Hannya and oni in Ghostwire: Tokyo.
Ghostwire: Tokyo screenshots. Photo credit: Tango Gameworks

Also about the sound design, this is one of the few games in recent years I actually prefer playing through the speakers rather than with a headset on. This is because it utilises the speaker in the controller to make some demon voices extra unnerving.

While it's definitely not as gory or intense as developer Tango Gameworks' previous Evil Within titles, it can still get under your skin. Do not play it if you have a serious phobia around scary masks! Traditional Japanese masks are often frightening, but the way they're presented in Ghostwire: Tokyo is especially freaky.

Beyond the loving representation of Tokyo's Shibuya district, the game celebrates Japanese culture in other ways. You're constantly picking up items like a Daruma doll, kagura suzu and kendama; each time you do, you can opt to view an info card explaining what it is.

Even if you don't view that at the time, you can open up a comprehensive in-game database to read about it later. Toilet paper gets added to that database after the aforementioned side mission, too.

Ghostwire: Tokyo toilet paper screenshot.
Ghostwire: Tokyo screenshot. Photo credit: Tango Gameworks

Like the Evil Within games, the plot comes at you thick and fast in a way where I didn't follow it much, and didn't really care. You're playing a person seemingly in-between realms, there are dream sequences and nightmare sequences - you don't know what's real and what isn't a lot of the time, and what is real is crazy supernatural stuff anyway.

It's not silly and so crazy that it's absurdist or anything, I never felt put off by it being overtly zany in an annoying way. I just gave up on trying to follow everything closely and simply enjoyed the visuals, getting enough of the gist of what was going on to drive me forward to the next objective.

One cool, core gameplay mechanic will give a bit more insight into how different the game is. After you cleanse a torii shrine of demon magic, you get a magical piece of paper with which you can then collect transitional spirits the menacing fog has reduced into their current form.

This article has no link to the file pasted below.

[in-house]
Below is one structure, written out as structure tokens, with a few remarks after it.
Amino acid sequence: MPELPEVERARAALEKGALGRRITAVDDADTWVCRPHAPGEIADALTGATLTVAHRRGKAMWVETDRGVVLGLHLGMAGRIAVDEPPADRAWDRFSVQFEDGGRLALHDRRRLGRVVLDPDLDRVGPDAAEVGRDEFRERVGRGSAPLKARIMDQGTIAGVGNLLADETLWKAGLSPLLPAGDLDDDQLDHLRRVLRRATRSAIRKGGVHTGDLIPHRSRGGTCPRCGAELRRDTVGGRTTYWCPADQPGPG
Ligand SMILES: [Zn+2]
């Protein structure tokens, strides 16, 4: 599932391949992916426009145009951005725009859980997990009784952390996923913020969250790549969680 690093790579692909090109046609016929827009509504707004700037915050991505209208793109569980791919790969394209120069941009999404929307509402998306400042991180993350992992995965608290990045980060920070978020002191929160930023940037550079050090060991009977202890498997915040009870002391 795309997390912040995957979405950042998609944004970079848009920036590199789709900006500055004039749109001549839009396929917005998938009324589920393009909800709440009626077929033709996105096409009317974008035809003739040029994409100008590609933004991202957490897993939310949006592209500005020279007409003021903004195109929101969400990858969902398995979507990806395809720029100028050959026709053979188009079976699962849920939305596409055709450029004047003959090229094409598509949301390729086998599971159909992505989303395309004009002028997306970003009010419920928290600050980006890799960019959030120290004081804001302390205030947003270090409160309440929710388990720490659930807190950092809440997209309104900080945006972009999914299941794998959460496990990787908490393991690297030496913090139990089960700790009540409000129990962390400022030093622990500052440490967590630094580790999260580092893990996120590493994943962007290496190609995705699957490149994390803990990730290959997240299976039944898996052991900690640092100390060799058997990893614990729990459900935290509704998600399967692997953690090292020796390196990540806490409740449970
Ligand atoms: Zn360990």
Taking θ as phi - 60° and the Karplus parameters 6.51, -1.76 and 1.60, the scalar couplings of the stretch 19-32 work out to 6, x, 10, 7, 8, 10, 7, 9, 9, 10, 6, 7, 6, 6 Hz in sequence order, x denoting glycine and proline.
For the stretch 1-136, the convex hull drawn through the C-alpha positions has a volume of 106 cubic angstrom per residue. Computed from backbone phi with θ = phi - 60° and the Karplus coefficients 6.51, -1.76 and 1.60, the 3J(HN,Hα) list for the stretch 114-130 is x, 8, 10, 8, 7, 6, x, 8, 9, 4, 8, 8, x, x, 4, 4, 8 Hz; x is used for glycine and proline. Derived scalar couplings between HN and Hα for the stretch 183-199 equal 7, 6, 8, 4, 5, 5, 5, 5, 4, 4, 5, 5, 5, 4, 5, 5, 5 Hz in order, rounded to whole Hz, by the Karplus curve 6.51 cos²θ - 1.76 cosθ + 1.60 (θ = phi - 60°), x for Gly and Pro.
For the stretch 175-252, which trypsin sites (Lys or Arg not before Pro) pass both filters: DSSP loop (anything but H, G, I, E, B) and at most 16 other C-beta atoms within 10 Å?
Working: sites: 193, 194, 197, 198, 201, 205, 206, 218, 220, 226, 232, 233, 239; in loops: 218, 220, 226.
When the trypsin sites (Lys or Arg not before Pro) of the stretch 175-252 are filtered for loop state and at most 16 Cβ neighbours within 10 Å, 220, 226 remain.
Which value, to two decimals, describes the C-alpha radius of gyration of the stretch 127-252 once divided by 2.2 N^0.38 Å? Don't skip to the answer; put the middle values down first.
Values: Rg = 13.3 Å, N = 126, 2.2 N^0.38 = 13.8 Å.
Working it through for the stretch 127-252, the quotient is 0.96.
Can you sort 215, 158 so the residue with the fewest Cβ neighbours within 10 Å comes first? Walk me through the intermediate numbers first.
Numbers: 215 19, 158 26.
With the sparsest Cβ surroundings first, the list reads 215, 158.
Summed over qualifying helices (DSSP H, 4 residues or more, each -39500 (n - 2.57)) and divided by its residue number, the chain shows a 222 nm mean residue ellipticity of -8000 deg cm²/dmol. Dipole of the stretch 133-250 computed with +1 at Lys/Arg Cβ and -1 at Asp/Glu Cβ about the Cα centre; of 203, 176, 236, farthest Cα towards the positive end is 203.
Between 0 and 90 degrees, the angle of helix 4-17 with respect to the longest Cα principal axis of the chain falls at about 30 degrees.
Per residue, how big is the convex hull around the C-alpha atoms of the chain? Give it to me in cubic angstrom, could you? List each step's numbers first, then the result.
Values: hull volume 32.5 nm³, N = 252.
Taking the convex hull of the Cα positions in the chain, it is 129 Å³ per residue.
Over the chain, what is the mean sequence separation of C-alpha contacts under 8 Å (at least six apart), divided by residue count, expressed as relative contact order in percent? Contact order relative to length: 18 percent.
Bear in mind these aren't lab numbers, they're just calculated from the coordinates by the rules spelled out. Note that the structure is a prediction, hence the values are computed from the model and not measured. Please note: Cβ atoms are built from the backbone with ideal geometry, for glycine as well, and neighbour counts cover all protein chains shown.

To release them, you find a phone booth, all of which have been hacked by some ally. Pressing the magical paper to the interior of a hacked phone releases the trapped spirits through it, giving you a form of currency you can then spend with the cat gods for food and stuff.

I think? Look I didn't follow everything, but I had a lot of fun going with it.

Ghostwire: Tokyo screenshot.
Ghostwire: Tokyo screenshot. Photo credit: Tango Gameworks

Oh and after that first torii shrine, other ones you cleanse will reveal parts of the map.

At their core, these are basic gameplay mechanics you'll be familiar with from other open-world action-adventure games, they've just been dressed up in a super creative, fun way.

The game isn't very hard, at least on the Normal difficulty setting. You always have an abundance of consumable items to up your health and it's rare I ran out of magical energy to cast spells. Survival horror with limited supplies this is not.

The combat feels quite weightless, especially after playing a bit of Elden Ring. Getting around this game version of Shibuya, especially with the verticality it offers, means there's a lot of the vast level design which just isn't as carefully polished as other games, too.

And if you're after a moving storyline with compelling characters, well, look elsewhere.

But if you want a wacky, wild, thoroughly imaginative game that offers decent scares, cool magical combat and lols like nothing else, Ghostwire: Tokyo is definitely worth checking out.

Newshub was provided a preview build of the game on PlayStation 5 for this article.